- Refuge D’Usciolu has an amazing shop with lots of food and drinks – so it’s a good place to stock up.
- Camped. Free outdoor gas stoves, so we cooked our own meal.
Just before Refuge de Prati
Menu at refuge d’Usciolu
Day 11: Refuge d’Usciolu to Refuge D’Asinau
- Deliberately set off early at 7:10am because we’d heard that a storm was brewing for the afternoon.
- 6H total walking time.
- Rained all afternoon, cold and windy.
- Note: the new GR20 goes to Matalza – i.e. it splits this stage into two and takes a slightly different route to that suggested by Paddy Dillon. We however followed the yellow flashes for the old GR20 to Asinau.
- Stayed in the refuge overnight because it continues to rain into the evening.
- Cooked our own food on the inside gas stoves. The shop here has very limited supplies.
Where the old GR20 and the new route diverge.
Day 12: Refuge D’Asinau to refuge the I’Paliri (low level route)
- The village of Bavella has lots of restaurants and shops, so it’s perfect for a lunch stop. It’s not far from here to I’Paliri, so it doesn’t matter if you’re a bit full from eating.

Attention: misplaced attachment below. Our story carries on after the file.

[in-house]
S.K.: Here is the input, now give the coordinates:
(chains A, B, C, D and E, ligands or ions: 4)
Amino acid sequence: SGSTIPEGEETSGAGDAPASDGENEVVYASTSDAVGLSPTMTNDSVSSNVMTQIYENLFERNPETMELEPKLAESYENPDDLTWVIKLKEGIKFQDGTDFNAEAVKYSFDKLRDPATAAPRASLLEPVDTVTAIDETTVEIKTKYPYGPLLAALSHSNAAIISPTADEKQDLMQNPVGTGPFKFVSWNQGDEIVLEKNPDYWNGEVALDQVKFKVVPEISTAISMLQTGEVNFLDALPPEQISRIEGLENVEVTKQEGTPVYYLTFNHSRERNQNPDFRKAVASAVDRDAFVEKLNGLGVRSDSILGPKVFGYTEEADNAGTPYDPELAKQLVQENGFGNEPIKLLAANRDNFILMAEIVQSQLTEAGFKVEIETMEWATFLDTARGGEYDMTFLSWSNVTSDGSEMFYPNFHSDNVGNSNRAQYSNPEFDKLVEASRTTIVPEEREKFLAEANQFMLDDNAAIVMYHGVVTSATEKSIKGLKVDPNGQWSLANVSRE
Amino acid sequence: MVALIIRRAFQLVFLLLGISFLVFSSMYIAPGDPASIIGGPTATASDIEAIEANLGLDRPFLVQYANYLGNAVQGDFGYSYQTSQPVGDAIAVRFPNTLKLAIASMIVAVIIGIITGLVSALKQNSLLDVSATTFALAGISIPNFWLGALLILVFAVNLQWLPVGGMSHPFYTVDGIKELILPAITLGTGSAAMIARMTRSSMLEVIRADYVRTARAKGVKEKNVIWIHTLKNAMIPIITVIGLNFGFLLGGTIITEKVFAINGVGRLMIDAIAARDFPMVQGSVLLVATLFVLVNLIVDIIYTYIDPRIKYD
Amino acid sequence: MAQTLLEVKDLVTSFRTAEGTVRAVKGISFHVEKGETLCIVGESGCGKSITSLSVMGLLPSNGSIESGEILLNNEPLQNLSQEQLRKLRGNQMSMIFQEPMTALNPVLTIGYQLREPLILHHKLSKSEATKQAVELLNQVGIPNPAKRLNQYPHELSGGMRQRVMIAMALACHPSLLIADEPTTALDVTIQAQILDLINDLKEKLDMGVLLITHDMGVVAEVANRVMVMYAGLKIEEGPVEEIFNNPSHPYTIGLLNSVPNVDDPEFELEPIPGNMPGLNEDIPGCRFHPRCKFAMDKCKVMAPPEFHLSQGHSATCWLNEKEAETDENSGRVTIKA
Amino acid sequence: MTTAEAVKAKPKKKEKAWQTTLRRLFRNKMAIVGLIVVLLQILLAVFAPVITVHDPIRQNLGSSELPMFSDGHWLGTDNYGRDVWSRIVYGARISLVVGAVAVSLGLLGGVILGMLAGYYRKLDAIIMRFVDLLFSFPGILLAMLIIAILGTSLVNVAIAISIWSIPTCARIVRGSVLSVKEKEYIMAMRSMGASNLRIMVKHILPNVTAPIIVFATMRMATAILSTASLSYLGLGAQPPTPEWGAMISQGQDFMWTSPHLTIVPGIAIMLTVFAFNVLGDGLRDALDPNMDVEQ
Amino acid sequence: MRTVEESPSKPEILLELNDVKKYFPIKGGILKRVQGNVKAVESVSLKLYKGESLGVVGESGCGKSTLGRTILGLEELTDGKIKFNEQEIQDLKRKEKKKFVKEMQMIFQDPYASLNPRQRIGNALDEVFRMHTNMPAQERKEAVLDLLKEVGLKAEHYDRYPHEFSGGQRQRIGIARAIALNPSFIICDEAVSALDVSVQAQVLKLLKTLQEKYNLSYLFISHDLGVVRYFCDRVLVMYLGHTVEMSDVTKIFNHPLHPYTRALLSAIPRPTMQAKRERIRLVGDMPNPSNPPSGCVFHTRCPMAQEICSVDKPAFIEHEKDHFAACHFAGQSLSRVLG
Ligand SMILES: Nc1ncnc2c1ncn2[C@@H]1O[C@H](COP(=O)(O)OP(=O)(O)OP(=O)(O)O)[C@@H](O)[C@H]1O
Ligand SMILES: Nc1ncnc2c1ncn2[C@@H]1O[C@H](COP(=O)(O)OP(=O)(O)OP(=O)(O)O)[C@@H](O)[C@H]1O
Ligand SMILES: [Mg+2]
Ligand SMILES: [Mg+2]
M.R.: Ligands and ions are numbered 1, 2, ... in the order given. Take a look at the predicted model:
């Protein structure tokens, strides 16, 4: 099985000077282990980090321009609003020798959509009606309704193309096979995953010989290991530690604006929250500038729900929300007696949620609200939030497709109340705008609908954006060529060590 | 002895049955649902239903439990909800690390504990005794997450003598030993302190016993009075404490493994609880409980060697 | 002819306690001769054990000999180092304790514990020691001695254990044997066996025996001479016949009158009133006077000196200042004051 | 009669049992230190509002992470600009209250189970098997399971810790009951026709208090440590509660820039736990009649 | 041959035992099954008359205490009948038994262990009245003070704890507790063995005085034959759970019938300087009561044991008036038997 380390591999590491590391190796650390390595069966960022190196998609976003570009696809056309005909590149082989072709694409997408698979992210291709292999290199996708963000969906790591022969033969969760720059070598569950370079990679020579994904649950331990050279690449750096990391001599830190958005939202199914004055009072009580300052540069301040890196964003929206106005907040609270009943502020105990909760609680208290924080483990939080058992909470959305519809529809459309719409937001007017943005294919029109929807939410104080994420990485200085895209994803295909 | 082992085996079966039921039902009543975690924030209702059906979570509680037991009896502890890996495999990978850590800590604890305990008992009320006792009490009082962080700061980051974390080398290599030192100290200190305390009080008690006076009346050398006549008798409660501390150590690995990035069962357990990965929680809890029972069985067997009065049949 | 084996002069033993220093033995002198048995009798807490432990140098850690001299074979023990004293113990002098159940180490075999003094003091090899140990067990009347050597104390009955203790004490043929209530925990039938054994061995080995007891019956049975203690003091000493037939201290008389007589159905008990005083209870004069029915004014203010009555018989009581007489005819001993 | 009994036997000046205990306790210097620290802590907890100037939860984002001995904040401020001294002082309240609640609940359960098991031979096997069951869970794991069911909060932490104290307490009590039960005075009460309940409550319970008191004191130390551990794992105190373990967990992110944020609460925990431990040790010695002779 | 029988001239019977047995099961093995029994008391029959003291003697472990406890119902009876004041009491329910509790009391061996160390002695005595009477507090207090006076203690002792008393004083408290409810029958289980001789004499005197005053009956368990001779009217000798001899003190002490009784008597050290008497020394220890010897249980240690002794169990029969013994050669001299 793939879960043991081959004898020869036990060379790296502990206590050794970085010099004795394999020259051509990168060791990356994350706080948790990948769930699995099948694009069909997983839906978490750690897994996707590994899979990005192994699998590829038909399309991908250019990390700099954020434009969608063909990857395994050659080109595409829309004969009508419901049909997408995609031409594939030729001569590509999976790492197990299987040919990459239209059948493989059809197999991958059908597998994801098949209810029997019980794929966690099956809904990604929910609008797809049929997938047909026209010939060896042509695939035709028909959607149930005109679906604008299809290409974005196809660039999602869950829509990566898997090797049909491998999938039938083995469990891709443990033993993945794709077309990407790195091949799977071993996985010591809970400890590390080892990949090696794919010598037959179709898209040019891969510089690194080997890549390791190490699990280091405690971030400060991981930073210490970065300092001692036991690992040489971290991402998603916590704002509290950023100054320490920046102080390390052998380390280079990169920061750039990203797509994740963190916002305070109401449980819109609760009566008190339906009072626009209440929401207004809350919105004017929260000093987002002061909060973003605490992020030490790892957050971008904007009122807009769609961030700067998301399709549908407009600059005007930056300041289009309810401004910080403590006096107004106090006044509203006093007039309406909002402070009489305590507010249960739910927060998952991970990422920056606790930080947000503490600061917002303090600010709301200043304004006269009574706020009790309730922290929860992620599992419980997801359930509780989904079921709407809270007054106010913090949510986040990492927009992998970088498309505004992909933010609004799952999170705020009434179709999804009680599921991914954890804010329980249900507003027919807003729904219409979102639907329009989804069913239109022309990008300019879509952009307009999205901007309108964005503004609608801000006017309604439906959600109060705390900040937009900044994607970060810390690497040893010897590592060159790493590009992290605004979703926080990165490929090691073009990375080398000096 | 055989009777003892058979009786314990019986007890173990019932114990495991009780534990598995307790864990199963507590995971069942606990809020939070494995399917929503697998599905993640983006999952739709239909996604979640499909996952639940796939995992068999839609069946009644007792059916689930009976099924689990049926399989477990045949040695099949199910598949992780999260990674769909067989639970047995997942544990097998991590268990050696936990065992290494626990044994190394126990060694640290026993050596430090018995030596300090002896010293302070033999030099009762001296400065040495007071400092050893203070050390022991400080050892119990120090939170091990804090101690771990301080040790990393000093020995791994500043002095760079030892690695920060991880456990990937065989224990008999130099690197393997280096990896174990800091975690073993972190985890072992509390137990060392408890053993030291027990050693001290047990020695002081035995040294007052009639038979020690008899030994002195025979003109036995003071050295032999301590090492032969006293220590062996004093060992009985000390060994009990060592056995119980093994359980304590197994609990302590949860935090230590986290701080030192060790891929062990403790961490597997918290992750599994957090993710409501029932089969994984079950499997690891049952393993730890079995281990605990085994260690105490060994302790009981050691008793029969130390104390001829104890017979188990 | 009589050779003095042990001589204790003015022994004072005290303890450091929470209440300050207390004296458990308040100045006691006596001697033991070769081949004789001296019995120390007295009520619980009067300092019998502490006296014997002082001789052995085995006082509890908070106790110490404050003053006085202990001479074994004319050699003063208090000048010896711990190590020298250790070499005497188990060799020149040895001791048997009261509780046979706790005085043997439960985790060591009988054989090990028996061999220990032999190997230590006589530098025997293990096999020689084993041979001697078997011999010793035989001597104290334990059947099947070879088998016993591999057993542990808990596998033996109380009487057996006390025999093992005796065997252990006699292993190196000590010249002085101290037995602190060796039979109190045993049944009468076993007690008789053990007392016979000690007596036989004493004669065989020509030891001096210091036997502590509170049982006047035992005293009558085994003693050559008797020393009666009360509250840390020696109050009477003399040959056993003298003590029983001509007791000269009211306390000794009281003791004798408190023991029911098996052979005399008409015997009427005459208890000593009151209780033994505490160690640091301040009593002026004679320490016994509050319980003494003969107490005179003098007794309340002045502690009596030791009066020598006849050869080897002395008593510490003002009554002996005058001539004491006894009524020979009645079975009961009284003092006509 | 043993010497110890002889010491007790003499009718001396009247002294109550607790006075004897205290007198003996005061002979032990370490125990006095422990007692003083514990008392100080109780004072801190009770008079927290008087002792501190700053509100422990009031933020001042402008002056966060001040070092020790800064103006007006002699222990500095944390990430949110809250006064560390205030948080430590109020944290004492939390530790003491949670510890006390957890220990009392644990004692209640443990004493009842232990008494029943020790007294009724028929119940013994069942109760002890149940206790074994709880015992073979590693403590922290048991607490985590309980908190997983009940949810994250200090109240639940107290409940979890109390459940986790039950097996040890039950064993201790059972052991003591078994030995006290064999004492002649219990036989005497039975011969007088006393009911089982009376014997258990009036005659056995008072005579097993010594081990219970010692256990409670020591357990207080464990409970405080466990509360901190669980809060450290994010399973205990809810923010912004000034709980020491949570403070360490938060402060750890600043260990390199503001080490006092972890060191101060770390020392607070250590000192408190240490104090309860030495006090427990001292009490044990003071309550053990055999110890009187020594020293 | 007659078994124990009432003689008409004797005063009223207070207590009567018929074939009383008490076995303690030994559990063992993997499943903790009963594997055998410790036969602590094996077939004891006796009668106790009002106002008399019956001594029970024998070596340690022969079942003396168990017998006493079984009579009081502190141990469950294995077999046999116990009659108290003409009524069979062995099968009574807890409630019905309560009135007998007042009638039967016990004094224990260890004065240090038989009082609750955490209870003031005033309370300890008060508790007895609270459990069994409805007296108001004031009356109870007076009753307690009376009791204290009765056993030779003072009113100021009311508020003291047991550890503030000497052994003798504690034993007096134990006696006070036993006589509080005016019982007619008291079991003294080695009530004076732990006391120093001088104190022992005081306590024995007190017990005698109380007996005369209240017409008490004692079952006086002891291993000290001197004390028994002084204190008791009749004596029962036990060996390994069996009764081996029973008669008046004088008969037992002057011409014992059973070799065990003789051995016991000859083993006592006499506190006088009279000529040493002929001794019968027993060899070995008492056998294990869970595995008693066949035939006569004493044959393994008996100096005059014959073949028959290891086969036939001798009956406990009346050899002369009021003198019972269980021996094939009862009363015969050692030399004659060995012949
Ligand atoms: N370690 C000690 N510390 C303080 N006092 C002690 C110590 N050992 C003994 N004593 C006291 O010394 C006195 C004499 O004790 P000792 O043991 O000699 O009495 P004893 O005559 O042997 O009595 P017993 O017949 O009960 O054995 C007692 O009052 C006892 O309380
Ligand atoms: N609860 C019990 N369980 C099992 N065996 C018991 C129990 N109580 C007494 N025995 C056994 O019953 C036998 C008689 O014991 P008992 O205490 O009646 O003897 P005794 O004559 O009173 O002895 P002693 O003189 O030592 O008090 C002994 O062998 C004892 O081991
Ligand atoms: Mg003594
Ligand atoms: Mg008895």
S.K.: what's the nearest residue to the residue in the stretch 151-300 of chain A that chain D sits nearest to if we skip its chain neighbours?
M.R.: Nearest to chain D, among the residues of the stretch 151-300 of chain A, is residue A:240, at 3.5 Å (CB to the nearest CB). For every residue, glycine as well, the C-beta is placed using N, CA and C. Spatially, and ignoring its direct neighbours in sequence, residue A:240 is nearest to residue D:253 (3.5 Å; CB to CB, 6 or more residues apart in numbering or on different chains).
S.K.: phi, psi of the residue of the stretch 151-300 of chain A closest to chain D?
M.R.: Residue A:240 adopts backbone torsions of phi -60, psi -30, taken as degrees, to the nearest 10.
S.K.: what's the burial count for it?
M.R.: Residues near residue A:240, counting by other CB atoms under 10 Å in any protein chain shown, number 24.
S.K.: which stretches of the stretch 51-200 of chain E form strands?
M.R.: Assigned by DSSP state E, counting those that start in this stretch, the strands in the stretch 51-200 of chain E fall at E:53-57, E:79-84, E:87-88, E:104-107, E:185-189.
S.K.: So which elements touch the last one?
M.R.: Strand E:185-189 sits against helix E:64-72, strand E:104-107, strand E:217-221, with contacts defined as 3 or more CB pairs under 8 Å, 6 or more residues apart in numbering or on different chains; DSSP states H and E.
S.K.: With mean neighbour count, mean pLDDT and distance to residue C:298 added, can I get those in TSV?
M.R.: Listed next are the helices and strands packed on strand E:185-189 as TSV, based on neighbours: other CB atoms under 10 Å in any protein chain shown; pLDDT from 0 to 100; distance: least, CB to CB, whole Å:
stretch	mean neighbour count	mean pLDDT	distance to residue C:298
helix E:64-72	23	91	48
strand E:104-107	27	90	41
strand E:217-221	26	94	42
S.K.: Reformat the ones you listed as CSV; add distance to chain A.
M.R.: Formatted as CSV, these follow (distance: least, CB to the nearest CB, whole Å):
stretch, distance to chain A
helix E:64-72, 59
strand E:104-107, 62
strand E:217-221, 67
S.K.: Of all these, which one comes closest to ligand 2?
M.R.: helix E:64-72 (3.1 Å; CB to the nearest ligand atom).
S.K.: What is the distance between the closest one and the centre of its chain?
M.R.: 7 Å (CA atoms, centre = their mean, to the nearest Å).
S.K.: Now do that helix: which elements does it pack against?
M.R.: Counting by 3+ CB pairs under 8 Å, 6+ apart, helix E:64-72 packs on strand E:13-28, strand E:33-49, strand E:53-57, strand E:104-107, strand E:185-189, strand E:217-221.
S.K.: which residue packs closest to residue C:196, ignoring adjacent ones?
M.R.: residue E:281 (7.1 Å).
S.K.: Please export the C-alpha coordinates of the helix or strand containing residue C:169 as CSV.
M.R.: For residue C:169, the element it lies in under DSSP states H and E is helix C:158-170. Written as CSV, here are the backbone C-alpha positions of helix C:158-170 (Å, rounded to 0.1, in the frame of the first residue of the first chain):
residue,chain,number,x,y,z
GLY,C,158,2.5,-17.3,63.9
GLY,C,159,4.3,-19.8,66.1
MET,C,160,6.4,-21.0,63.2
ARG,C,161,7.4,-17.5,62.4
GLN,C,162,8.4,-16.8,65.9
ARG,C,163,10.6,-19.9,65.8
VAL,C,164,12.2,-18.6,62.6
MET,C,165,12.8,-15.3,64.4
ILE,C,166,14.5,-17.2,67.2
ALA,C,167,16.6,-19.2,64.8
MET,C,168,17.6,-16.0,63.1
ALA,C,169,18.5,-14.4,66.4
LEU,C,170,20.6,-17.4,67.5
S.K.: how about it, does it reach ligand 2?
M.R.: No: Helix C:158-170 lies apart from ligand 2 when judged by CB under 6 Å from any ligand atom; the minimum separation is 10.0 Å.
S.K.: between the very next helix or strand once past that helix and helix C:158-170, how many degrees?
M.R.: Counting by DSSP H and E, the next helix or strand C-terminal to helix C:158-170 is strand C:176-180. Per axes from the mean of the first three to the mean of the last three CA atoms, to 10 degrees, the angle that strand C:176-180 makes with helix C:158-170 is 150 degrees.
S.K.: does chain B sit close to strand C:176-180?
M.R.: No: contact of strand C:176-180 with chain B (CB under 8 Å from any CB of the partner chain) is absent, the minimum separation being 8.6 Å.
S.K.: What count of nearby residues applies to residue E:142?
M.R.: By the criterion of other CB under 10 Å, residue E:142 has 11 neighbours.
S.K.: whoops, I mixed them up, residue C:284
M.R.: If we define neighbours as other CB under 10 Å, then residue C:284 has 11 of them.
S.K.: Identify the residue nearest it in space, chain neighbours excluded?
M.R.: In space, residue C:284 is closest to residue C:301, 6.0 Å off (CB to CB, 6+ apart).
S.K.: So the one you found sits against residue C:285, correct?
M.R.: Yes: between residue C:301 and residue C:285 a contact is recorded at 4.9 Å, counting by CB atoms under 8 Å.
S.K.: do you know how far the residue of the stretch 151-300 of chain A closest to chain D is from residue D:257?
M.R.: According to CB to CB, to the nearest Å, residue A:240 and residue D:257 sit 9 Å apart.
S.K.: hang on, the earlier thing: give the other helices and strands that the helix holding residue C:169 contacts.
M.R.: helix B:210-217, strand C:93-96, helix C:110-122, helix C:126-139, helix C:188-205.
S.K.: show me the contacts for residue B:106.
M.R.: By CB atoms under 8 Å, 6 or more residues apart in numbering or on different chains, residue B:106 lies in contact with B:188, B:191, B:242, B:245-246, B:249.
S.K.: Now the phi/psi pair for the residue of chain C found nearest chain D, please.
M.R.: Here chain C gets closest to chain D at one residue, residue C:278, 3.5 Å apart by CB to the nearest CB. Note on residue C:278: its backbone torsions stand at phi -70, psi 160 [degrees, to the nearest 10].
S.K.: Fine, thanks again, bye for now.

- The campsite at I’Paliri is really scenic and it was quiet with plenty of space.
- Free outside gas stoves.
Sheltered cooking area at Refuge d’I Paliri
View to the coast
Day 13: Refuge I’Paliri to Conca (final day!)
- I wouldn’t recommend the campsite at La Tonnelle – the showers were filthy and there were flies, but the food in the restaurant was lovely.
- I expected Conca to have lots of shops and restaurants, but everything seemed to be closed in the evening.
View towards Conca on the final day
Happy to have finished. Sitting in a bar at Conca
The next day we got a lift from the minibus at La Tonnelle to meet the bus travelling north to Bastia. The bus travels up the N193 and we decided to get off at the junction with the D507 near a big Carrefour. We had identified that there was a campsite near the airport – Camping L’Esperanza(a nice campsite with good showers, but plagued with mosquitoes and absolutely nothing else to see or do in the nearby area apart from a stretch of disappointing beach). But stupidly we decided it would be fine to walk there, but we then proceeded to get lost. In hindsight we should’ve just stayed in Bastia at a hotel somewhere, but we were trying to save some money. The next day we got a lift from the campsite owner to the Bastia bus for some sightseeing. The return bus dropped us off at the Carrefour again, so we had another long walk back to Camping L’Esperanza
Our flight back to the UK was on Sunday 28th September departing at 10:05am. We walked to the airport from the campsite.